Mo Brooks, Who Sought to Overturn 2020 Election Results, Seeks Senate Seat

The lawmaker representing northern Alabama announced his campaign to fill the seat occupied by longtime Senator Richard Shelby, who is retiring.

U.S. Rep. Mo Brooks greets supporters as he announces his campaign for U.S. Senate during a rally Monday in Huntsville, Ala. (AP Photo/Kim Chandler)

(CN) — Congressman Mo Brooks, one of the first Republican lawmakers who said they would vote to overturn the results of the 2020 presidential election, announced Monday he is running for one of Alabama’s Senate seats in the midterm elections.

In an announcement the lawmaker noted in the outset wouldn’t be a “rah rah locker room-type speech,” Brooks said he was giving up a secure House seat to hazard a run for the Senate because the status of the nation is “at risk from those within our country who are adopting policies that in the long haul will hurt America and reduce us to a second-rate country.”

Brooks said he has experience that will give voters peace of mind that he will do what he campaigns to do. He championed his long record as congressman, a county commissioner and a lawmaker twice endorsed by former President Donald Trump.

Running through a list of policy platforms, he criticized House Democrats’ move to strip Representative Marjorie Taylor Greene, R-Georgia, from her committee assignments and stressed the benefits of strong border security.

He also touted his involvement in the Republican effort to overturn the 2020 elections, which began when he was one of the first member of Congress who said at the beginning of December he planned to challenge the electoral count.

“Your Alabama congressman led that fight and no other Alabama candidate for the United States Senate can say that,” Brooks said.

Brooks spoke at the beginning of Trump’s Jan. 6 rally to protest the certification of the results of the presidential election, and he urged rallygoers to go up to the Capitol.

“Our ancestors sacrificed their blood, their sweat, their tears, their fortunes and sometimes their lives to give us, their descendants, an America that is the greatest nation in world history. So I have a question for you: Are you willing to do the same?” Brooks asked the Jan. 6 crowd to cheers.

As Congress reconvened after a mob overwhelmed police officers and forced themselves inside the U.S. Capitol, Brooks continued to object to the tabulation of the 2020 presidential election.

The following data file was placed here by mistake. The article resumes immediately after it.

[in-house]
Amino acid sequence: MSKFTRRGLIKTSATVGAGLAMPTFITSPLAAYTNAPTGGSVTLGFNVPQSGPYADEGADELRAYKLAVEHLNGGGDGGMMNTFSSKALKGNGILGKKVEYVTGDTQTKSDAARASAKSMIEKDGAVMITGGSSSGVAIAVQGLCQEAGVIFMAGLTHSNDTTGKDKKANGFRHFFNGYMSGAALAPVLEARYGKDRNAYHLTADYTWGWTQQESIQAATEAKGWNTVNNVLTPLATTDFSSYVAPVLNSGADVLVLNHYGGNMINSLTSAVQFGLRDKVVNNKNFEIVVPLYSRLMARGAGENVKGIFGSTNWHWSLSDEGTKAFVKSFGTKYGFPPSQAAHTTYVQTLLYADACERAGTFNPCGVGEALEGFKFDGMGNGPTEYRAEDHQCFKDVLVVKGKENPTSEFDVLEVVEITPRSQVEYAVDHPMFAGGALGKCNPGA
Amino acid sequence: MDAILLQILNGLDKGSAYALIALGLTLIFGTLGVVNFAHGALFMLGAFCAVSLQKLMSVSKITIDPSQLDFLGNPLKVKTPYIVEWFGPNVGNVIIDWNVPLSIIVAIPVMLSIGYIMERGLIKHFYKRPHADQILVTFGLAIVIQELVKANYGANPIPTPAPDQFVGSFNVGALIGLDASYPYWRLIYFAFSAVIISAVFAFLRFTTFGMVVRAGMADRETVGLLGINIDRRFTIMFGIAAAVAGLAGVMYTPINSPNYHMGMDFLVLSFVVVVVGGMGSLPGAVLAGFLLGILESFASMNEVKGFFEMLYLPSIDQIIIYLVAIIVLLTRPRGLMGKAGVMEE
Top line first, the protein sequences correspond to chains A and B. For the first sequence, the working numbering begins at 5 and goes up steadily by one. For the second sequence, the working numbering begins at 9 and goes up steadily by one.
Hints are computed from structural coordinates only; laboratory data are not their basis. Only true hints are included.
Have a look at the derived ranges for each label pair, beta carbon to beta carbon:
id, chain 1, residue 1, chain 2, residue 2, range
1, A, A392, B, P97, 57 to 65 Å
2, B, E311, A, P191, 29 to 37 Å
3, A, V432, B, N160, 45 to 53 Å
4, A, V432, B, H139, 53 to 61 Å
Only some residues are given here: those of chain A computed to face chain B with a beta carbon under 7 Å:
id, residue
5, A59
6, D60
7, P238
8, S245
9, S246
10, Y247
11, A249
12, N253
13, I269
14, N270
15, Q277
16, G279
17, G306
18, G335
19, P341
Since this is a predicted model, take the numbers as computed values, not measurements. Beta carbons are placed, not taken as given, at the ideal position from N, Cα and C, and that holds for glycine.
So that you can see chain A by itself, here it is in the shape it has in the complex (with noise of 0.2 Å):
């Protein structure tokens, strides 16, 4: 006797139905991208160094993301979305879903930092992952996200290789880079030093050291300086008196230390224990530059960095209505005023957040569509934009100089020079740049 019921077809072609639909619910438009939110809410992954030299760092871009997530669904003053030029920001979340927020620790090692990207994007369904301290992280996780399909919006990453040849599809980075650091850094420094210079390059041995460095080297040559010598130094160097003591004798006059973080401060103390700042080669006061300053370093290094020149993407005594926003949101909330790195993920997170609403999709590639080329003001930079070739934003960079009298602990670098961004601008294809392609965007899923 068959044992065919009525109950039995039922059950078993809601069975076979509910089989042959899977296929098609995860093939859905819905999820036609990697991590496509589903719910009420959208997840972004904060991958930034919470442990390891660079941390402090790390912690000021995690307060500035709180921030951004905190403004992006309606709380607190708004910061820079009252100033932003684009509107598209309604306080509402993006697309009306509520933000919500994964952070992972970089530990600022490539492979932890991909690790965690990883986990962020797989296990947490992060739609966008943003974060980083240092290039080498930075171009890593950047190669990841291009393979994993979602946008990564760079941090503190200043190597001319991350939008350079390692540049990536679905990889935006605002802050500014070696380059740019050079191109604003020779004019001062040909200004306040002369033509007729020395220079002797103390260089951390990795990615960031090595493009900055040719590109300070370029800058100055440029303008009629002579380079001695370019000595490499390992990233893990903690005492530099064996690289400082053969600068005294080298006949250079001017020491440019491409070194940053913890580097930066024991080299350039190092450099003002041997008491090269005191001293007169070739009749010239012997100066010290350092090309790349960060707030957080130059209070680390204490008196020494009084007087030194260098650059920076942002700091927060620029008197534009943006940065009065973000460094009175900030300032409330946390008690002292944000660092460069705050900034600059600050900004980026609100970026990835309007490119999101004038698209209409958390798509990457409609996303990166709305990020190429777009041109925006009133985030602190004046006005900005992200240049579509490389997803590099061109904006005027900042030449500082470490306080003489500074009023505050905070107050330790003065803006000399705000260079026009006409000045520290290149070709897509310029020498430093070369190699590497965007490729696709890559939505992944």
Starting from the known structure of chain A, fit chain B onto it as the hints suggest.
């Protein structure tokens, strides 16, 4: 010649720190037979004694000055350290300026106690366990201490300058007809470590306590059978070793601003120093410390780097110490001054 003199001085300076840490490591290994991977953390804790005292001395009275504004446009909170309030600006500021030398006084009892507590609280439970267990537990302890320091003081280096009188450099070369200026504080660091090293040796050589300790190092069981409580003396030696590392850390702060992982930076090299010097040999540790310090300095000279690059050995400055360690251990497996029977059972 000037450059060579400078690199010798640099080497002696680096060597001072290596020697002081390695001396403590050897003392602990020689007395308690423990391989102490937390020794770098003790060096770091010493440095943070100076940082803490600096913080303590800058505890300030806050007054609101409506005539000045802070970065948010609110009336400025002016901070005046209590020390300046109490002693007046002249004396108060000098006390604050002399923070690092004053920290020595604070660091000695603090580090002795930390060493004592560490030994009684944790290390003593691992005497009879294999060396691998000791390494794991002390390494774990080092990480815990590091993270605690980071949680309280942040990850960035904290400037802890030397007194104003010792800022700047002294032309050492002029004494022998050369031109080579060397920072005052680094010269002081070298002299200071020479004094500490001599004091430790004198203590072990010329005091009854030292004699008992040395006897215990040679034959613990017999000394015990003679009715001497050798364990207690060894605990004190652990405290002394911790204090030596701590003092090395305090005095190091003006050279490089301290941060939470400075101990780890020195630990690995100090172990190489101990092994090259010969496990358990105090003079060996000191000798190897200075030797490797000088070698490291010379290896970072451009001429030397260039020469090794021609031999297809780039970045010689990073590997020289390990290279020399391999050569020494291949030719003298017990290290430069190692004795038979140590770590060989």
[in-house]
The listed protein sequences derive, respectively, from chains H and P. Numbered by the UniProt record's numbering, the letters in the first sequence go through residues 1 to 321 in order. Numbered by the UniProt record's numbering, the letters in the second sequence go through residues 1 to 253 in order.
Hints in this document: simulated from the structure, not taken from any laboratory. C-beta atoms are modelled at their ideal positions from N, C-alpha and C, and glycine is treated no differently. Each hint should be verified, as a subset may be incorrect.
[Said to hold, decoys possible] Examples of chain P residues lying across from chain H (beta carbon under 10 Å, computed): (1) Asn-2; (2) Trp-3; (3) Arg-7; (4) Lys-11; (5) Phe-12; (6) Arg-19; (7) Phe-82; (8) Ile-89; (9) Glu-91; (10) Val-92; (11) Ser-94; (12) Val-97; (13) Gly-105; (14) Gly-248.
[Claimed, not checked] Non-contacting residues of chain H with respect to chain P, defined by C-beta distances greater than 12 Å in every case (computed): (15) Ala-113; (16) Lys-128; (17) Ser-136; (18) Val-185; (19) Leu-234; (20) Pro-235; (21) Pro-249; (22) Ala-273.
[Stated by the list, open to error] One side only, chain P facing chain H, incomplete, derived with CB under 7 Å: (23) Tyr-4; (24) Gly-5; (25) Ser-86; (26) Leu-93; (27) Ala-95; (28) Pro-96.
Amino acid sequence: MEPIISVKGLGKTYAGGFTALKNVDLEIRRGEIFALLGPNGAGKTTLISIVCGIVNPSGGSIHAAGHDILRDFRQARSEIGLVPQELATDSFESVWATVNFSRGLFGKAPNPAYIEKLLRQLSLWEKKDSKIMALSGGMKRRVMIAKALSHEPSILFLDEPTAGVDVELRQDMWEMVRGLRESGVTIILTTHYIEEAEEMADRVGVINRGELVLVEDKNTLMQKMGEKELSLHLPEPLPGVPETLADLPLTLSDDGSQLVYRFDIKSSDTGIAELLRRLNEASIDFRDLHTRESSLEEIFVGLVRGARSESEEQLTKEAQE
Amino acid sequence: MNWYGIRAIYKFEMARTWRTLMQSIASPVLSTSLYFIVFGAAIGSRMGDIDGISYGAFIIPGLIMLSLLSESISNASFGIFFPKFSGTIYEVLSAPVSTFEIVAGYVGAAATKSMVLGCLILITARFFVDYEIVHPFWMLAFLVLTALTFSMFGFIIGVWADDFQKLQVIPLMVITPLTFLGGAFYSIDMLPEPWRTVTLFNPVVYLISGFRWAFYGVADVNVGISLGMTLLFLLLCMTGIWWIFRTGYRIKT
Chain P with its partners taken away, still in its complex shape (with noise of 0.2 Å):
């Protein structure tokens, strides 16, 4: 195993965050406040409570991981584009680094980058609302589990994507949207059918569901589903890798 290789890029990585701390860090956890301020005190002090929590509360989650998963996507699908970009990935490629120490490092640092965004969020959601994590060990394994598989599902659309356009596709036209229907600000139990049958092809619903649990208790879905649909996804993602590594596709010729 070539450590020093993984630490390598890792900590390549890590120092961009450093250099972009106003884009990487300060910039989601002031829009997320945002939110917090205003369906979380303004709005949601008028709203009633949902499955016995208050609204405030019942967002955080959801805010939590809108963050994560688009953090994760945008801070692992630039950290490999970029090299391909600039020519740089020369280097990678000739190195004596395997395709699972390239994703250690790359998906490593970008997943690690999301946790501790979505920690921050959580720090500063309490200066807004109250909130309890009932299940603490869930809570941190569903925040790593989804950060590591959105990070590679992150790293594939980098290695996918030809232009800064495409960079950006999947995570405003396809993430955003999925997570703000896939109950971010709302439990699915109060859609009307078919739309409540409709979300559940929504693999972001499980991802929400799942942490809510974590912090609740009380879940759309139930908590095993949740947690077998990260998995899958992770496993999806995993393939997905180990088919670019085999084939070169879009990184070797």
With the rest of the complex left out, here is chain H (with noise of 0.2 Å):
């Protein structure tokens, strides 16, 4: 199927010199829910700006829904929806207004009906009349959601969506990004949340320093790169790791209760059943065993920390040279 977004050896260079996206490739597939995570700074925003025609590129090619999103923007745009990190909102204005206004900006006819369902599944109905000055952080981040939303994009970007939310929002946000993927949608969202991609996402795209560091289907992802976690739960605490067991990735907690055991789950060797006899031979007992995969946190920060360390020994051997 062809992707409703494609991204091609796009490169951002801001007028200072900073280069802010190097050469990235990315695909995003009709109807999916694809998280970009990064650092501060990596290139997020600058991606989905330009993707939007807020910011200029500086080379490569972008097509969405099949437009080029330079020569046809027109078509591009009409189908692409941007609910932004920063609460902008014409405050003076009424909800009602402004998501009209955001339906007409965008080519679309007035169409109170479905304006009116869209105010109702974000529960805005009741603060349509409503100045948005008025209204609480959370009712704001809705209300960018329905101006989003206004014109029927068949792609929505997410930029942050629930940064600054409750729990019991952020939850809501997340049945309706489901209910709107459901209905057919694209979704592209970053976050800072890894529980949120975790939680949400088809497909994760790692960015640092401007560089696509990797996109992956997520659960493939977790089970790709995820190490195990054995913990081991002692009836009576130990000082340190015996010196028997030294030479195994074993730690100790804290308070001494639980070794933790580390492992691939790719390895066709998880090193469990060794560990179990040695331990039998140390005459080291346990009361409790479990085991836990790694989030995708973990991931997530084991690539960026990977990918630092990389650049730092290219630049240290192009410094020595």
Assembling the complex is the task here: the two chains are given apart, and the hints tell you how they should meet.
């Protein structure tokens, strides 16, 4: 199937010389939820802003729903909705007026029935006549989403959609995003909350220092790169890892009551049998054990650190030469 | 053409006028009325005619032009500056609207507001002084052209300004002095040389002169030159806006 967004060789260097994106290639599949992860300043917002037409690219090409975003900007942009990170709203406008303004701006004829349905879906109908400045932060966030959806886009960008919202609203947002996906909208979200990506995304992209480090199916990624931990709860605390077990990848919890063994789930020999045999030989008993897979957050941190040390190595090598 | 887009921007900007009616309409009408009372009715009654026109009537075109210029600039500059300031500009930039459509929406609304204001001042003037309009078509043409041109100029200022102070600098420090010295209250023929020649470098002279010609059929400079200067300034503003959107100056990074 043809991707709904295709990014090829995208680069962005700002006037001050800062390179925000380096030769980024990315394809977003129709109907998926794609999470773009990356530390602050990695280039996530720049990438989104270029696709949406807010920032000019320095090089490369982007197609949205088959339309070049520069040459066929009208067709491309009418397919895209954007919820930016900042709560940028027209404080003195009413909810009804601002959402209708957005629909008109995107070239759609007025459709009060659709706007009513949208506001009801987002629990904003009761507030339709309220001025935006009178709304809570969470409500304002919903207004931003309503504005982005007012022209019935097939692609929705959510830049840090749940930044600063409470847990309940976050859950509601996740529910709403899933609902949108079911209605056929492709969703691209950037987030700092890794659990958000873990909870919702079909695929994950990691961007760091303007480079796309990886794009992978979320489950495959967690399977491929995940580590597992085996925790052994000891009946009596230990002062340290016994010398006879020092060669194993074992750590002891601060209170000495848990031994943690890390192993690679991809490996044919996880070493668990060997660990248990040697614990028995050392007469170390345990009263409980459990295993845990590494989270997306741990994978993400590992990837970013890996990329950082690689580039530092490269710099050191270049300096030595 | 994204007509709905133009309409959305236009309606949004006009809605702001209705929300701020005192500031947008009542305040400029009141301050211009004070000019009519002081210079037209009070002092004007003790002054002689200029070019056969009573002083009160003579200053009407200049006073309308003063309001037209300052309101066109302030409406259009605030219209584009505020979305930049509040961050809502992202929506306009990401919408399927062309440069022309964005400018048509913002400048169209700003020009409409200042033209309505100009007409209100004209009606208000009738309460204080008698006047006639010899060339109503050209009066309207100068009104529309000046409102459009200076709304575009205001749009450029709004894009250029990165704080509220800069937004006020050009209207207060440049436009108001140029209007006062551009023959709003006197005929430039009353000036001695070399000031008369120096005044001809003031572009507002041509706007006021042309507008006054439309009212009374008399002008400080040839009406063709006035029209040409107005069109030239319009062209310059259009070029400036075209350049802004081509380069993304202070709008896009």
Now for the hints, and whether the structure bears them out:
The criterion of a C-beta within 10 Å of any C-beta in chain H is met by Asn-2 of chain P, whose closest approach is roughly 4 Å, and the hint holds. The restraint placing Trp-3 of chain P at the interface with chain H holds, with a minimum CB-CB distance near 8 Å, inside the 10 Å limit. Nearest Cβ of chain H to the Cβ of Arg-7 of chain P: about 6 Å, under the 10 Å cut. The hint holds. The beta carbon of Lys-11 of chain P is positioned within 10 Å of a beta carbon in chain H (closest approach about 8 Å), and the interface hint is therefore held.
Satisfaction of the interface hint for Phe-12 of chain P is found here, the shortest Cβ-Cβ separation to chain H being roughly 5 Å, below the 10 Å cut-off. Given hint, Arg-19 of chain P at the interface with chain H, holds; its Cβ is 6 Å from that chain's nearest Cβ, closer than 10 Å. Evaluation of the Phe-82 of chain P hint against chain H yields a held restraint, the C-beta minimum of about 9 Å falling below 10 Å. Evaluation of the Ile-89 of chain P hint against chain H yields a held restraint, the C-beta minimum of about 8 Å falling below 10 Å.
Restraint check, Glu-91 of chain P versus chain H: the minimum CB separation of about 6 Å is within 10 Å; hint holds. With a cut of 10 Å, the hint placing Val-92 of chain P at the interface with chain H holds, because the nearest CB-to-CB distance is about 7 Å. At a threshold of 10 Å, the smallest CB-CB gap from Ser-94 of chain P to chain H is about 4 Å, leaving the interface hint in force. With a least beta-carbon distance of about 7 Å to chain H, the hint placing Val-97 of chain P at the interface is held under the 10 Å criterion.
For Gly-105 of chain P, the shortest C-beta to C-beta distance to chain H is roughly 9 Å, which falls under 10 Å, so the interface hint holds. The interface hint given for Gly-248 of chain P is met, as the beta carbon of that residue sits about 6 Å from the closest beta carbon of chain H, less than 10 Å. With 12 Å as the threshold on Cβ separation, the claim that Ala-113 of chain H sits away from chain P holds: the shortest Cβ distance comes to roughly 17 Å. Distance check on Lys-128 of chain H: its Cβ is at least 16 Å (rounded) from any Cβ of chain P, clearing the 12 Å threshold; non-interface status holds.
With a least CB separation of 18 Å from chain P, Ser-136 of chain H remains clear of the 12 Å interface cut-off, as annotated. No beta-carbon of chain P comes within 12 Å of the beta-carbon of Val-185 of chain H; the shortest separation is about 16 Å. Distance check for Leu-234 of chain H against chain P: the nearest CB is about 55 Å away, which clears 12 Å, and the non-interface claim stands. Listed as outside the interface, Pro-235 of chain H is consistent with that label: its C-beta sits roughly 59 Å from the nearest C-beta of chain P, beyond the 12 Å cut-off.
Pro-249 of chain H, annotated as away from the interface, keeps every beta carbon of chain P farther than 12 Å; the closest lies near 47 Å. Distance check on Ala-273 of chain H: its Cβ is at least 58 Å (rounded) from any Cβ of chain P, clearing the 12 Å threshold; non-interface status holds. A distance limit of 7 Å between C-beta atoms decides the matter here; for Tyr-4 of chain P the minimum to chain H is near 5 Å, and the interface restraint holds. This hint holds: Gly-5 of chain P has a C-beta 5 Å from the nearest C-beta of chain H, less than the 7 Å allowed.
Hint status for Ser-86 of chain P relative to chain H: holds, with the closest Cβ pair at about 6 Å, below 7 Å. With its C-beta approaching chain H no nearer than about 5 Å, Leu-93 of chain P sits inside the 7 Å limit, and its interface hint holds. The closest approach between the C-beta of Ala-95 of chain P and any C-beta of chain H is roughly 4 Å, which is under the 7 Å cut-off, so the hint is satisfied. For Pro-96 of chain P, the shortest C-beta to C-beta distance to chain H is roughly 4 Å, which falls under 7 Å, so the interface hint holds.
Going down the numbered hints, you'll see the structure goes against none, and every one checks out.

Representative Eric Swalwell, D-Calif., later sued Brooks, accusing him of inciting the crowd that stormed the Capitol.

Brooks made his announcement Monday evening from an indoor shooting range in Huntsville, Alabama.

At the beginning of February, Alabama’s longtime statesman Senator Richard Shelby, a Republican who is credited for helping to increase the state’s involvement in the nation’s space and defense programs, announced he would not seek reelection.

Brooks is one of the many politicians who is expected to seek the seat. During the 2017 special election to fill the seat of Jeff Sessions, who left the chamber to become President Donald Trump’s attorney general, Brooks came up third in the race.

Brooks once worked as a special assistant attorney general under then-Alabama Attorney General Jeff Sessions in the mid-1990s.

Appearing onstage to endorse Brooks’ run, close advisor to Trump Stephen Miller — Sessions’ former director of communications — said people around the country would rally around Brooks if Alabama sent him to the Senate. Miller was instrumental in the Trump administration’s immigration policies.

“The America First movement is counting on you,” Miller said.

Brooks is facing one opponent so far in the Republican Primary: Lynda Blanchard, Trump’s ambassador to Slovenia, who said in her mid-February announcement video that she was “a proud member of the MAGA movement.”

%d bloggers like this: